The European Court of Human Rights (ECHR) has found that Russia was responsible for the 2006 murder of former KGB officer Alexander Litvinenko in London.
Litvinenko, a former Russian spy who had become an outspoken critic of Russian President Vladimir Putin and had moved to Britain, died in London in 2006 after being poisoned by a rare radioactive substance.
A public investigation in the UK in 2016 found that two Russian men—Andrei Lugovoi and Dmitry Kovtun—deliberately poisoned Litvinenko by pouring polonium-210 into his drink at a London hotel, causing a painful death.
The British investigation, led by former High Court judge Sir Robert Owen, concluded that the murder was “probably” carried out with Putin’s approval.
In a statement issued on Tuesday, the European Court said it had found “there was a strong prima facie case that Mr. Litvinenko was acting as an agent of the Russian state in poisoning Mr. Lugovoy and Mr. Kovtun.”
The court said the Russian government “has failed to provide any other satisfactory and convincing explanation of events or to counter the findings of the UK investigation.”
The court found no evidence that any person had any personal reason to kill Litvinenko and that “acting on his behalf” would not have access to the substance. The findings state that state involvement is “the only remaining plausible explanation”.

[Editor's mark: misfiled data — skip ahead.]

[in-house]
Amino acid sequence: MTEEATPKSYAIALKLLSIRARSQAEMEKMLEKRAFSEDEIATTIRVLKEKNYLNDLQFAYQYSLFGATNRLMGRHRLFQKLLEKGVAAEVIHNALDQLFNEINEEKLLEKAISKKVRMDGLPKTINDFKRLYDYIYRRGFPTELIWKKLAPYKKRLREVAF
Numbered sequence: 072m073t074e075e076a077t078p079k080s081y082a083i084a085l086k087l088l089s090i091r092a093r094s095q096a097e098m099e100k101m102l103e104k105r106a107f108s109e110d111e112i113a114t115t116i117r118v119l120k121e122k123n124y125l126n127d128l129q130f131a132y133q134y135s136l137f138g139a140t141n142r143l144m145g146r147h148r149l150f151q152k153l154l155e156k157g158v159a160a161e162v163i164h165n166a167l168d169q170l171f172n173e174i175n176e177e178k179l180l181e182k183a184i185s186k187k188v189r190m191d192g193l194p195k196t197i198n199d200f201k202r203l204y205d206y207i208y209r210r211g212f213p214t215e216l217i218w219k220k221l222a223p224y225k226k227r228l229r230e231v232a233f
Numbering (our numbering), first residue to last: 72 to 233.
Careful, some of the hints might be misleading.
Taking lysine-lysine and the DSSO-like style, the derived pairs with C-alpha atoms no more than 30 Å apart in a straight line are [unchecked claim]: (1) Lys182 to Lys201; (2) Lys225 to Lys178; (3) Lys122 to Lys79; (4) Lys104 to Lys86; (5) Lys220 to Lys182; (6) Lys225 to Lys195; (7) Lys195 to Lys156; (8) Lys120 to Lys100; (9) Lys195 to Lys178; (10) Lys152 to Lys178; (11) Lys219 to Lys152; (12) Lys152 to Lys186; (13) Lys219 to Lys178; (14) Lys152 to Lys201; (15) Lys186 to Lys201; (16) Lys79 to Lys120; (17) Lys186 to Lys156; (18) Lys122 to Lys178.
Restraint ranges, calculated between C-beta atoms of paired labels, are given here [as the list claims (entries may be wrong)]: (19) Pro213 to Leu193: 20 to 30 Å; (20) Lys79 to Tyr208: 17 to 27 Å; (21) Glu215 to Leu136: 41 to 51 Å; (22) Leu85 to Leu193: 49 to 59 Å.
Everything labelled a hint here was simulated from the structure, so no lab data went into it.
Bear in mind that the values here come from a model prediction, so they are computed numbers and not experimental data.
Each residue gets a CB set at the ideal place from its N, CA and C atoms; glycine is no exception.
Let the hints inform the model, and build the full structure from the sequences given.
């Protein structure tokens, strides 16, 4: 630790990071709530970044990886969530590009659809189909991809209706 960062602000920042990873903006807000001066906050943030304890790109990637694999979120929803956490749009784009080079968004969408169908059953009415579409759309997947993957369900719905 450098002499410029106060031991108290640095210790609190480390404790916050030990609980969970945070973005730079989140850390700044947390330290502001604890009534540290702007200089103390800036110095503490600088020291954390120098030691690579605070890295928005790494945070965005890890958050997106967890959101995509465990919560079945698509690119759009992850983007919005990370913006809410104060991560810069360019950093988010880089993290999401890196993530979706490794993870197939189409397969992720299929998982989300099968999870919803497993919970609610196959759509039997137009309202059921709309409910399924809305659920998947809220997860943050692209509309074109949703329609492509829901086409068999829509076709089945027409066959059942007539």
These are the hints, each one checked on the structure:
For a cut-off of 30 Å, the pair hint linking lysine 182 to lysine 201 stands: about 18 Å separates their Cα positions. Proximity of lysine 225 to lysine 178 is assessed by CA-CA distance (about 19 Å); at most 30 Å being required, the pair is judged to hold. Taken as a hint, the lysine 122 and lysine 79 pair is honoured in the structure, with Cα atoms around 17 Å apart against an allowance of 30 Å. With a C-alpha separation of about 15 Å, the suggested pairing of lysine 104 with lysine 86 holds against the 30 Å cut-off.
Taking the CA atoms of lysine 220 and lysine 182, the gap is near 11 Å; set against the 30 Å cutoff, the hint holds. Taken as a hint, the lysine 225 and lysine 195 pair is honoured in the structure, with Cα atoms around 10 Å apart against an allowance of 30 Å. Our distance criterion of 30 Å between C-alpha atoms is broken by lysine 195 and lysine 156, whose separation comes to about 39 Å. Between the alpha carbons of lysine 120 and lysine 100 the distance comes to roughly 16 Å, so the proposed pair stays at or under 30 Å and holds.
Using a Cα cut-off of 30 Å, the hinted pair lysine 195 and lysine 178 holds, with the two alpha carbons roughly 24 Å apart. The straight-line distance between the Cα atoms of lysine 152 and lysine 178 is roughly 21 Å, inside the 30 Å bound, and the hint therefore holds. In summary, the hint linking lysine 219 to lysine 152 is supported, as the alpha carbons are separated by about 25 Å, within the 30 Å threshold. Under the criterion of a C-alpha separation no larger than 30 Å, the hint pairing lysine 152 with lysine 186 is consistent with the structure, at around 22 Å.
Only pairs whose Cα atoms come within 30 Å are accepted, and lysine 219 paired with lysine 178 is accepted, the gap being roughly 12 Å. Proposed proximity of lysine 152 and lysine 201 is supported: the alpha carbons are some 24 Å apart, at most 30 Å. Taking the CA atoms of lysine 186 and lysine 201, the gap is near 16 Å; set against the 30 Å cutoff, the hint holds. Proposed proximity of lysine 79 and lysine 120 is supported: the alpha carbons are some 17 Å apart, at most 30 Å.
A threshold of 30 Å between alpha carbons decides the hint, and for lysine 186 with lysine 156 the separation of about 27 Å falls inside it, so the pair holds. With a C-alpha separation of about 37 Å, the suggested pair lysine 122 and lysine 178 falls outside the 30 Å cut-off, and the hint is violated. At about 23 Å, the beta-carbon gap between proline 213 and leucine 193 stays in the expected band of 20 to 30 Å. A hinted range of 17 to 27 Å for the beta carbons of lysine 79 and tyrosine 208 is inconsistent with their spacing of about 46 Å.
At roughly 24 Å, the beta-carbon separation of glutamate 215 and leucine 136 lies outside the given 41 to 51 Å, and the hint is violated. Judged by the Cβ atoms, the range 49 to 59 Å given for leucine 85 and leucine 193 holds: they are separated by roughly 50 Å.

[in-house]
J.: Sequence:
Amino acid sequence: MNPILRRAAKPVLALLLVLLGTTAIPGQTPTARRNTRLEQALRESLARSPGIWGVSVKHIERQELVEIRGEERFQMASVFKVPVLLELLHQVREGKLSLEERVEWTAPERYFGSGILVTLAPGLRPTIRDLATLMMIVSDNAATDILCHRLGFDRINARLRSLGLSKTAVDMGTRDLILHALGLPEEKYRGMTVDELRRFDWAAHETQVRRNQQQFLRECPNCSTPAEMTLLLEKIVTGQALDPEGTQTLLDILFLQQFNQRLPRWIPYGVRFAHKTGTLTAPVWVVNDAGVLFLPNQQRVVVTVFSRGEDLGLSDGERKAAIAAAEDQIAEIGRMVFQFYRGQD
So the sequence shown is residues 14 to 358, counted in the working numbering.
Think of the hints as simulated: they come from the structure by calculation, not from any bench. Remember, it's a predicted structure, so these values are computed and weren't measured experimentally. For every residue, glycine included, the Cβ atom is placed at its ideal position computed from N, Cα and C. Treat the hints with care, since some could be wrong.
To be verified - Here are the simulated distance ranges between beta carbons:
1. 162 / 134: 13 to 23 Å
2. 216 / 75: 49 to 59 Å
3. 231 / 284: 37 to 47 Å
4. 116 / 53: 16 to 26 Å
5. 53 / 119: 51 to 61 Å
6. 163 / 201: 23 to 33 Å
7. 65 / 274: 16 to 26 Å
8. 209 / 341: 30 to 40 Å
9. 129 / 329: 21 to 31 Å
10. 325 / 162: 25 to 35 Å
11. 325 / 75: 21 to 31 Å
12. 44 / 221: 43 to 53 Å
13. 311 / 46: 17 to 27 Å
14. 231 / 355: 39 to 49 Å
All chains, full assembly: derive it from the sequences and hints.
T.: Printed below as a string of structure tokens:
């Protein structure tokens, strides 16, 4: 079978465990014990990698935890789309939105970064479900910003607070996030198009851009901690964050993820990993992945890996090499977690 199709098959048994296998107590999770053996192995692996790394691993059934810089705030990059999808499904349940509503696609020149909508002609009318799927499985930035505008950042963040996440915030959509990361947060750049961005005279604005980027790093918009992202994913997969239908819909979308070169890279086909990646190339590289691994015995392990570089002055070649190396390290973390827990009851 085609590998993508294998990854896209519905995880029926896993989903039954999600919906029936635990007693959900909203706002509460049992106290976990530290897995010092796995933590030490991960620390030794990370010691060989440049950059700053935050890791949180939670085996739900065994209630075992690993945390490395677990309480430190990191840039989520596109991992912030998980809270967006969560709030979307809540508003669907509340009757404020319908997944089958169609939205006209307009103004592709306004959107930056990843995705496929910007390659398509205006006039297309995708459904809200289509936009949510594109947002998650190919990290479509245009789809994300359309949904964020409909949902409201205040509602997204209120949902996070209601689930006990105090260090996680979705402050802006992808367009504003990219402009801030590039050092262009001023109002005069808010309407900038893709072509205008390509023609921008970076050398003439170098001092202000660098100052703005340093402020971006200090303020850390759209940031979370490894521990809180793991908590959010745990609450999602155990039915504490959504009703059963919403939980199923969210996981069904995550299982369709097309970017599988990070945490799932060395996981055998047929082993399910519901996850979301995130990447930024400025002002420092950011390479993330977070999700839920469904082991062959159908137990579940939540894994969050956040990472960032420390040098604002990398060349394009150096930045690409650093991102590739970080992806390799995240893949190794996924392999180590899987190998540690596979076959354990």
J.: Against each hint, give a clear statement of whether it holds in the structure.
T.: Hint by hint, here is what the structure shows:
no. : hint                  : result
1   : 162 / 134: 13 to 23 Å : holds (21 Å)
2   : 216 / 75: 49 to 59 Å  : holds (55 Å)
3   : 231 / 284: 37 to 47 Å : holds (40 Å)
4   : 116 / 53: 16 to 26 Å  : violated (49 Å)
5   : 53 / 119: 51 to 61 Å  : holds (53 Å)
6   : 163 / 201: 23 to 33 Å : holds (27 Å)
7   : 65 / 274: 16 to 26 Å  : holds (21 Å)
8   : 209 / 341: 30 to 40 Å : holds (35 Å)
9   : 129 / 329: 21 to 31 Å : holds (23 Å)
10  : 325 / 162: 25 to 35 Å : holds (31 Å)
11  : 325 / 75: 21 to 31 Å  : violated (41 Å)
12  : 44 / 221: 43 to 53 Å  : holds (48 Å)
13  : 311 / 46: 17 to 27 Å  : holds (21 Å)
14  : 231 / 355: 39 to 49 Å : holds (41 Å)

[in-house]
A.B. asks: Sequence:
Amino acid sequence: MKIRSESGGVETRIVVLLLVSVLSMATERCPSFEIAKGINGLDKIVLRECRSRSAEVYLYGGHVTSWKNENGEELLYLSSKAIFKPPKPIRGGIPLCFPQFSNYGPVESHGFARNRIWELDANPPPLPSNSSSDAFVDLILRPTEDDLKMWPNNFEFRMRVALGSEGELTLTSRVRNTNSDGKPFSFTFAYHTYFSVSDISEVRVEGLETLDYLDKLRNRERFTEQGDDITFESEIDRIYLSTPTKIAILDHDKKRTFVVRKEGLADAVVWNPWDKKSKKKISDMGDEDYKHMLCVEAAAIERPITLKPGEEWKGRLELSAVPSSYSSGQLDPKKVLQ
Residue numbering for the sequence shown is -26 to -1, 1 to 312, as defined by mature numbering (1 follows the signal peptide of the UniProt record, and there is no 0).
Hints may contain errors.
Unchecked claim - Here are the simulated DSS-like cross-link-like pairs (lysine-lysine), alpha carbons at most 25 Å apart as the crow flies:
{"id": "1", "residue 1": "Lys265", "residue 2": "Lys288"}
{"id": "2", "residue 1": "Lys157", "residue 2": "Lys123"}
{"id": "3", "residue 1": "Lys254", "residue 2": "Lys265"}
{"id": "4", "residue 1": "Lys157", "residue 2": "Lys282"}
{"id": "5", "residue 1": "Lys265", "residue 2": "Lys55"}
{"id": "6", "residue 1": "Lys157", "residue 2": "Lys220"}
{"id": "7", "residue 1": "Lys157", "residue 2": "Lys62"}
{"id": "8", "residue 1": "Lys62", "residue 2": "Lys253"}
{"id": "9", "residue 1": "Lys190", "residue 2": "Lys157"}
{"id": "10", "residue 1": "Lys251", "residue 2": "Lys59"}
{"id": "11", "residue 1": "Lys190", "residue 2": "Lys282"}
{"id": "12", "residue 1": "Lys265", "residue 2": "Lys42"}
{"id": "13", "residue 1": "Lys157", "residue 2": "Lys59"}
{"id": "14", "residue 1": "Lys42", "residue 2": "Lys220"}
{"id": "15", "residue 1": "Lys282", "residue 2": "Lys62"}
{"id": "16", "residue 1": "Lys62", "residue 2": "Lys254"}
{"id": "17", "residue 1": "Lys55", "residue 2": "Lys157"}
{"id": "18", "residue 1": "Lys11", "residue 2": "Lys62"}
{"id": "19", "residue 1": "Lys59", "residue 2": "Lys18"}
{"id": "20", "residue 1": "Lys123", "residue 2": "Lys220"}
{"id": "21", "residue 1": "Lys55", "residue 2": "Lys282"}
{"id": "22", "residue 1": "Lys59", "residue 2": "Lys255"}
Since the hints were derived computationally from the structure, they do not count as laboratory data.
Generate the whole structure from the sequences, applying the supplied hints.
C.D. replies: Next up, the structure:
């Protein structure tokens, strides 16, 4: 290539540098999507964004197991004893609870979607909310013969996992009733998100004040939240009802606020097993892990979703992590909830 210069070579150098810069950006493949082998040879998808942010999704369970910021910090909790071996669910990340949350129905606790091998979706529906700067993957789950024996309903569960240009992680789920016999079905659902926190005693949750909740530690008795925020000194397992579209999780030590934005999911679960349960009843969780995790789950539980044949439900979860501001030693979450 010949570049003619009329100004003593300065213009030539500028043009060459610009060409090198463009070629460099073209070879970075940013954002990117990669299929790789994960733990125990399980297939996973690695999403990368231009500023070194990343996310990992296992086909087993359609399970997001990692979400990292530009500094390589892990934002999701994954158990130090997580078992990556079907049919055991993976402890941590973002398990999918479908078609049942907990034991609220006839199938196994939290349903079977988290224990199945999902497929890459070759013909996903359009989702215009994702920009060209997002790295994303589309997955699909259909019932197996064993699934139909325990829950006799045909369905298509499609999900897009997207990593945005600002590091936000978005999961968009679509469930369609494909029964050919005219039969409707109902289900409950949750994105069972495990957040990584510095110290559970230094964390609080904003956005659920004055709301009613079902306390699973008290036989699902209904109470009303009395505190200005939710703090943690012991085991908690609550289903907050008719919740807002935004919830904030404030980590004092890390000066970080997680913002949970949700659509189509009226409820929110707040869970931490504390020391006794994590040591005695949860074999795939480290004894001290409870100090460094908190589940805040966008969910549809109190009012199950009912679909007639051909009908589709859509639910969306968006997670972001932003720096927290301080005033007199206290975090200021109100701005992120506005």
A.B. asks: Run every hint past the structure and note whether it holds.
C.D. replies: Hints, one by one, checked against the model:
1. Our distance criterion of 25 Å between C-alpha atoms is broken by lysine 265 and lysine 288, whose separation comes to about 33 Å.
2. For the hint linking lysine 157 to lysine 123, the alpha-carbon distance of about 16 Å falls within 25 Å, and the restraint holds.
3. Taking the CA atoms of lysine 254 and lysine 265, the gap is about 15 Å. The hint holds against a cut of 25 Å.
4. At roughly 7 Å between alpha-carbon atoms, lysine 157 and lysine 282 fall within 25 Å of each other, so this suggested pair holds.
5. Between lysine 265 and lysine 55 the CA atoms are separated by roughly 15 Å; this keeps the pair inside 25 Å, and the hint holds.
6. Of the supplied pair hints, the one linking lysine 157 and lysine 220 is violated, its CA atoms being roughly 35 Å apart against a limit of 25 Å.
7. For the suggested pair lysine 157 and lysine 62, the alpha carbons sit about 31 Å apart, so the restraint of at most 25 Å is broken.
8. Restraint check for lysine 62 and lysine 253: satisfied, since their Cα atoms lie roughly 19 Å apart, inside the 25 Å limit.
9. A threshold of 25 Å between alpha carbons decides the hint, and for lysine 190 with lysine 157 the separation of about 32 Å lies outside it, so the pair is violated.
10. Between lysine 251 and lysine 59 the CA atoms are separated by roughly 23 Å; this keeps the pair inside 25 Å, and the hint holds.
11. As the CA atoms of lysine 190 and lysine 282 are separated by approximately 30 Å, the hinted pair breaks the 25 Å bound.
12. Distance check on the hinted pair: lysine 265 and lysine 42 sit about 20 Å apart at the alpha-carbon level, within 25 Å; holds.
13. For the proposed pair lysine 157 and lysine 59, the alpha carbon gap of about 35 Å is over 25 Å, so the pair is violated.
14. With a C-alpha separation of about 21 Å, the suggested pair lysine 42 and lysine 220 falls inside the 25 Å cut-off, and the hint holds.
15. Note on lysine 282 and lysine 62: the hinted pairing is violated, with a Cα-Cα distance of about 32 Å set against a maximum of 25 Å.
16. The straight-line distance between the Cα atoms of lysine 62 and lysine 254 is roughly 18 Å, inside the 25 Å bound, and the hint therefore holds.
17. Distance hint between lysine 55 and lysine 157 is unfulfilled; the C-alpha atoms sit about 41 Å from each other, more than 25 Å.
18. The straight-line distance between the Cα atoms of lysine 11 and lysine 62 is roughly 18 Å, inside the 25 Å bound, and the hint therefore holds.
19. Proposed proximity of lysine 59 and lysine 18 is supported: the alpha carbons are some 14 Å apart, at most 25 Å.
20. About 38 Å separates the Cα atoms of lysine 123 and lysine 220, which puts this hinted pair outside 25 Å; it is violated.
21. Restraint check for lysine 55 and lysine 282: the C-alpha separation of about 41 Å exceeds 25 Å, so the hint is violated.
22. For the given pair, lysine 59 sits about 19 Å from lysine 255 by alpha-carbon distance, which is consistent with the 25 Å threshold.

Russian authorities have always denied any involvement in Litvinenko’s death. And Britain has been unable to pursue criminal proceedings because Russia has refused to hand over the suspects.
Litvinenko’s widow Marina, who took the case to the ECHR, said after the verdict that it was a “very important day” as the findings exposed Russia’s “brutal regime”.
“It is important that Russia takes responsibility”, she told Sky News, adding that “we must not give up the fight against this undemocratic regime in Russia.”
A Russian judge sitting on the ECHR panel, Dmitry Dedov, disagreed with six of his colleagues on the main conclusion of the court.
“The British investigation and the court’s analysis I found several deficiencies, which raise reasonable doubts about the suspects’ involvement in the poison and whether they were acting as agents of the state,” he said.
The court ordered Russia to pay 100,000 euros ($117,000) in damages and 22,500 euros in costs to Marina Litvinenko.
Marina Litvinenko said she does not know whether she will be paid the money, but she still hopes to bring justice to those responsible for her husband’s death in Britain.
PA and Reuters contributed to this report.
This News Originally From – The Epoch Times